Monday, September 22, 2014

Seventh Circuit Court of Appeals Limits “Worthless Services” Under FCA

Dianne De La Mare


The Seventh Circuit Court of Appeals has overturned a $9 million jury verdict to whistleblowers against an Illinois nursing facility and also weakened the False Claims Act (FCA) “worthless services” theory in instances where the provider furnishes services that clearly have value (US Ex Rel Absher v Momence Meadows Nursing Center).

By way of background, in 2014, two former nurses at Momence Meadows Nursing Center filed a whistleblower (qui tam) complaint alleging that the nursing facility had defrauded the federal government by providing overpriced and substandard care and services to the patients in the facility. The federal government declined to intervene in the case; but the whistleblowers went forward and filed a complaint in District Court with a jury trial. In February, the jury held that the nursing facility had filed 1,729 false claims and determined that it should pay $3 million in damages and $19 million in fines. The judgment for the whistleblowers was over $9 million.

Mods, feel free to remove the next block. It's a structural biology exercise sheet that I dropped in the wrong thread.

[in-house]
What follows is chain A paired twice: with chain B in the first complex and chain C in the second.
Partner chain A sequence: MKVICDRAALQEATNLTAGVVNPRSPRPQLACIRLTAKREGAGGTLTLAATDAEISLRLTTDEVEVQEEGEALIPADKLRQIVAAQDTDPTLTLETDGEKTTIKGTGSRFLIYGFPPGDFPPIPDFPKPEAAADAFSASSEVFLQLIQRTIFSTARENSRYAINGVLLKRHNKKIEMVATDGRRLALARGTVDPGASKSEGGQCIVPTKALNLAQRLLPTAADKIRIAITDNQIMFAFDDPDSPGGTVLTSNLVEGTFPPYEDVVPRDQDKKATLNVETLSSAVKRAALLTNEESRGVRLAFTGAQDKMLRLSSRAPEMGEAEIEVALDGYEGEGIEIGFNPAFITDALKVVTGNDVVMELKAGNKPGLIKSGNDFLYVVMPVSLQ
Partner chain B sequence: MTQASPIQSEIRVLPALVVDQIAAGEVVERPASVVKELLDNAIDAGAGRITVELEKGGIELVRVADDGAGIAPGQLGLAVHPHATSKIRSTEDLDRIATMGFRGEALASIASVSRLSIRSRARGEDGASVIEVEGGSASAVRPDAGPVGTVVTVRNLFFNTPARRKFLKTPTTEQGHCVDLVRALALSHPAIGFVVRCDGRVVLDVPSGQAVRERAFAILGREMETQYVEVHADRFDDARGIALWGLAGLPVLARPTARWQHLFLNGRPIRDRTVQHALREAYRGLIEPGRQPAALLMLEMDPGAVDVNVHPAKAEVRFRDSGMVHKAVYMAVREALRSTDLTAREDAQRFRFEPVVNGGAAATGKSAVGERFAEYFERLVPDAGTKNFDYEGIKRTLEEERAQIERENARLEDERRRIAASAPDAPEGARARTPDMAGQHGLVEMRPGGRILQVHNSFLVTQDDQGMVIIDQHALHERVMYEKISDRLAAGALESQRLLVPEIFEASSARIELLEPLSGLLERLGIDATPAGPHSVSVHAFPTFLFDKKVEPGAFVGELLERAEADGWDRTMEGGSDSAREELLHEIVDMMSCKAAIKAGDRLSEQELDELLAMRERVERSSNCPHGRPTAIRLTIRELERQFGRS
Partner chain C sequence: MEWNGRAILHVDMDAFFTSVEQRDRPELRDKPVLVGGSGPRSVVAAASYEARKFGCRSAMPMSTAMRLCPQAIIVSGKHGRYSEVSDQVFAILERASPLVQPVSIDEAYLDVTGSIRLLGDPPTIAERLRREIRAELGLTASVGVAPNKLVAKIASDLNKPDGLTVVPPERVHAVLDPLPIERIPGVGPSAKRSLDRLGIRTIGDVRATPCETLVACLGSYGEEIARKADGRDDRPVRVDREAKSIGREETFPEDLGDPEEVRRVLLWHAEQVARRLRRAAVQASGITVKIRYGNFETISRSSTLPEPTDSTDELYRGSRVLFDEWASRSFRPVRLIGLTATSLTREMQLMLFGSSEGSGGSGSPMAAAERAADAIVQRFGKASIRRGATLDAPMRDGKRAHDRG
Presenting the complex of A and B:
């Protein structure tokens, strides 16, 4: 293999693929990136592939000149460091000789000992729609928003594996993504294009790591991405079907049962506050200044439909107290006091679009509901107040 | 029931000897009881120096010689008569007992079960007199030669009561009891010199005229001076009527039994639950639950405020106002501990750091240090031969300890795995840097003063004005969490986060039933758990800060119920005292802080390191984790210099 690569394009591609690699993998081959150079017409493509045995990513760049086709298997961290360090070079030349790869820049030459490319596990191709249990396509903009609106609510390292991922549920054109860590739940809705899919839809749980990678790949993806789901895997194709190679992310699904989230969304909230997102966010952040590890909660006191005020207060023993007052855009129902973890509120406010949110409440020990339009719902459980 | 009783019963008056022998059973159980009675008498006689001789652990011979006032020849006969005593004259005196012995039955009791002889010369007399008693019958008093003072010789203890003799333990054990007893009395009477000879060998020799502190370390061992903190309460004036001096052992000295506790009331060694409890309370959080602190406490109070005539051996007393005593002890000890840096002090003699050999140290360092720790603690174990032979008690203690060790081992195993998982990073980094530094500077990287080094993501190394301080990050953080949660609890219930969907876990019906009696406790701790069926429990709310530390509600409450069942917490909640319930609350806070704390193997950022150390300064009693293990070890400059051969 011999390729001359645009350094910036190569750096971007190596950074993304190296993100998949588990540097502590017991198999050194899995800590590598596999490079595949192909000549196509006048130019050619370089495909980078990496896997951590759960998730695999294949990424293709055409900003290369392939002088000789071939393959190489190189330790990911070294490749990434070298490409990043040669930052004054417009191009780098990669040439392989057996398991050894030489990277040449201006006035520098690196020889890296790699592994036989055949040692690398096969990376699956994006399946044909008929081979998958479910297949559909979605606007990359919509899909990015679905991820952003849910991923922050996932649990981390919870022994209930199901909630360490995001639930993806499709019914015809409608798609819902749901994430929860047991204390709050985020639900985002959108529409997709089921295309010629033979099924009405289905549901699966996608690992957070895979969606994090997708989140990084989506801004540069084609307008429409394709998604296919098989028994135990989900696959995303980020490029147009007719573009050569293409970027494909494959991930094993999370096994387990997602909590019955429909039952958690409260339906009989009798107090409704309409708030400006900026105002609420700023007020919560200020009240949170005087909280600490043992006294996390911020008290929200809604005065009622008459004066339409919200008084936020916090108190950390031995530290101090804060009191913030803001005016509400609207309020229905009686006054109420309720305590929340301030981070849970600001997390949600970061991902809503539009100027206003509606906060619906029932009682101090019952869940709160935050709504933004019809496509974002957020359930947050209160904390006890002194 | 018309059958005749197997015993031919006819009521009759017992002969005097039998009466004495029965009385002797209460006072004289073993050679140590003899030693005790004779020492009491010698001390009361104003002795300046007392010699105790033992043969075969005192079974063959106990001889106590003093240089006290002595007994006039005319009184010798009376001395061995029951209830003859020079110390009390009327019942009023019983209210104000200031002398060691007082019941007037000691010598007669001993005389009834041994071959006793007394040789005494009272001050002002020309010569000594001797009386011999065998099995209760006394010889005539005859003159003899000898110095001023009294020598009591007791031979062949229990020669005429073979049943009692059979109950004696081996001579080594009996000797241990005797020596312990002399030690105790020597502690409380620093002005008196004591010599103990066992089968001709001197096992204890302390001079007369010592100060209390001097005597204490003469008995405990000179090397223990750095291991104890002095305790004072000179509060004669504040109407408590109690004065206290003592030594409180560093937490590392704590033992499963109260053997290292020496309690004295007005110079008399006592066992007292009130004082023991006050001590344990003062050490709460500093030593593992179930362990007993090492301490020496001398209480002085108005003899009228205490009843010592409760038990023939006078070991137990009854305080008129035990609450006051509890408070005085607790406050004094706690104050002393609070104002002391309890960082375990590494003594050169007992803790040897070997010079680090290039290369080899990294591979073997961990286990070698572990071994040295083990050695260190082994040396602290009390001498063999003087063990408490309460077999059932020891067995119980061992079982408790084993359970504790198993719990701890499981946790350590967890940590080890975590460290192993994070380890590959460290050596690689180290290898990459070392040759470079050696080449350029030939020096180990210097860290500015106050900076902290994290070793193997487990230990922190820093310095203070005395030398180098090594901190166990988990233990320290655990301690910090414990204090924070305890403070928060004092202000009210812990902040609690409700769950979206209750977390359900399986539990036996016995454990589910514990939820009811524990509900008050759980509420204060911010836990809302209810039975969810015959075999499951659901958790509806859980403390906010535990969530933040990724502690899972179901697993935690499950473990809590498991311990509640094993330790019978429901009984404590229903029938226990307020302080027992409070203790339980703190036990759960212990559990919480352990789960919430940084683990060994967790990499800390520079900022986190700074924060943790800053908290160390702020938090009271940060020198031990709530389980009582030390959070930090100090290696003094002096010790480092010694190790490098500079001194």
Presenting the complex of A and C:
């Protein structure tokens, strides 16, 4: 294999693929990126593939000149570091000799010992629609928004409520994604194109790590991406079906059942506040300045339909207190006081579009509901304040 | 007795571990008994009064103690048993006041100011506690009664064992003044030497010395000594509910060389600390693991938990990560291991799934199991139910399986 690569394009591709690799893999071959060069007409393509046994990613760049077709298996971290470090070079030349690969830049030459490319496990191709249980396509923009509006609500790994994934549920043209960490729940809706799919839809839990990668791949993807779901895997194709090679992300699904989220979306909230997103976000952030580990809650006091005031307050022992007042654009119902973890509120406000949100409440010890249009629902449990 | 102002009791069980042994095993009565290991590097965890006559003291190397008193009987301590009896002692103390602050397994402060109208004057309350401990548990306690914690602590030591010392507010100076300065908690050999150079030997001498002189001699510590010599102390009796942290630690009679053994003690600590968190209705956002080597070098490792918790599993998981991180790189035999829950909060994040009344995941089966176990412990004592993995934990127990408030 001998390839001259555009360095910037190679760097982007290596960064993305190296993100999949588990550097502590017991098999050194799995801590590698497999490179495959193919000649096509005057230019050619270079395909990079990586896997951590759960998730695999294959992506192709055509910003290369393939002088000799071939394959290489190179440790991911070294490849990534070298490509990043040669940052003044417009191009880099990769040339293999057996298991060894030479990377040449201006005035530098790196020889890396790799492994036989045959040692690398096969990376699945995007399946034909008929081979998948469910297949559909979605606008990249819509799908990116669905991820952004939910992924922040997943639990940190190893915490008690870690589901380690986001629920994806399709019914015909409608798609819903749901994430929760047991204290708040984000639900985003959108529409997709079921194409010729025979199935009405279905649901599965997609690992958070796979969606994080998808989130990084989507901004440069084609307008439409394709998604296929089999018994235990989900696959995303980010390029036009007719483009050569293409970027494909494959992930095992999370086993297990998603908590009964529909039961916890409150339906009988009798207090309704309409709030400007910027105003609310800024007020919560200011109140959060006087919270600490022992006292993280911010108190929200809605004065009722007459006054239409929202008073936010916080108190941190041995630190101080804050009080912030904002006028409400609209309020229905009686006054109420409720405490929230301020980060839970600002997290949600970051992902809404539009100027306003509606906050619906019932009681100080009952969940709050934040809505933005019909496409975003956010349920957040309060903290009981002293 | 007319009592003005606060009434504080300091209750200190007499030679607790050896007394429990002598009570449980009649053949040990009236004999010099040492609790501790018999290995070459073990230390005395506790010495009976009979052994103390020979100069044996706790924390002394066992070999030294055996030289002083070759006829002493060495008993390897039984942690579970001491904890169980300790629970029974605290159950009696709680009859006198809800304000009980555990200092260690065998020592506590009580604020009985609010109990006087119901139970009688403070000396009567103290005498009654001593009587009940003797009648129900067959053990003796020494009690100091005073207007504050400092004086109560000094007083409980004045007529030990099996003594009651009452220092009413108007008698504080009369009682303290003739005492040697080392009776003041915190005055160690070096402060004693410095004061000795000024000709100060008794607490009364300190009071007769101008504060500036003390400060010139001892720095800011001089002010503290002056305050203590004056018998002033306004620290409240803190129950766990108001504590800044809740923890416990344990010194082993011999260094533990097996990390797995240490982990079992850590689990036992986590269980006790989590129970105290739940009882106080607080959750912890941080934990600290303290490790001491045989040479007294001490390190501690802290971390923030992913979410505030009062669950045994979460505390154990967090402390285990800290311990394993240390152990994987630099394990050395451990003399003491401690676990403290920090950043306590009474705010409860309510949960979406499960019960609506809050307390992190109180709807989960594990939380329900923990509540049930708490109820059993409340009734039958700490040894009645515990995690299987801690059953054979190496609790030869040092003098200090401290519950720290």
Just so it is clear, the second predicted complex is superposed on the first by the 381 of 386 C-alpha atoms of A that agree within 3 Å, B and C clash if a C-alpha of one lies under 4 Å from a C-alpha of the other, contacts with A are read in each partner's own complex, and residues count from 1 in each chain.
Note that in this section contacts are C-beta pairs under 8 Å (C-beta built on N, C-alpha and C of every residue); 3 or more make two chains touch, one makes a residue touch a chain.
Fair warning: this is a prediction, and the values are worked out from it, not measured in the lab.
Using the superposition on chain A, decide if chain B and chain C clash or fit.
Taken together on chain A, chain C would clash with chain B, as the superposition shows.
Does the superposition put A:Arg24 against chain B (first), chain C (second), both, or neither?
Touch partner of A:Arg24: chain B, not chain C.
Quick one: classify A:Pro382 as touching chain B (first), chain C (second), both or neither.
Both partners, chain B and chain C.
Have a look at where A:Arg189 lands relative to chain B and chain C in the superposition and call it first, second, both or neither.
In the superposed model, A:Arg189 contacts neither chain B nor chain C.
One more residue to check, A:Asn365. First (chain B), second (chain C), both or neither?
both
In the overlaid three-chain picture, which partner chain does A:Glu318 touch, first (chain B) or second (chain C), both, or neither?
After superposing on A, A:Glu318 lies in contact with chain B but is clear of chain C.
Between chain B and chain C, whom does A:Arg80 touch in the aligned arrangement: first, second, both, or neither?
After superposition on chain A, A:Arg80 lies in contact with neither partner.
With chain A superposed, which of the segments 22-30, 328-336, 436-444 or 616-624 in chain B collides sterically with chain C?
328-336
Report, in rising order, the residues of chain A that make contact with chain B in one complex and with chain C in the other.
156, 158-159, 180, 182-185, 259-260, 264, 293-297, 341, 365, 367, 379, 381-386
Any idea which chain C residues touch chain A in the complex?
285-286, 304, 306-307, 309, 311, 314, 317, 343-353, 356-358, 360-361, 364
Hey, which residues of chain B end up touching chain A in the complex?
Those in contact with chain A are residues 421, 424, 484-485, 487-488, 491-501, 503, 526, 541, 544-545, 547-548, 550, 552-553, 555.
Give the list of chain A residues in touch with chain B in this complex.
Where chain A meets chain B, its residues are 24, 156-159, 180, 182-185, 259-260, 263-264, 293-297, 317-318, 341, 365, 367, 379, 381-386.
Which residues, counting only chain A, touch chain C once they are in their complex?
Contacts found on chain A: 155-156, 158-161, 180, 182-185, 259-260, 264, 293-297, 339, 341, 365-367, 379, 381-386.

On appeal to the Seventh Circuit Court of Appeals, the Court focused on the District Court jury instructions, where the District Court judge told that jury that “you do not need to find that the patient received no services at all” to be considered worthless services. The Seventh Circuit overturned the District Court $9 million damage award for the whistleblowers stating that for the worthless service theory to apply, “the performance of the service [must be] so deficient that for all practical purposes it is the equivalent of no performance at all…it is not enough to offer evidence that the [nursing facility] provided services that are worth some amount less than the services paid for…That is, a ‘diminished value’ of services theory does not satisfy this standards.”

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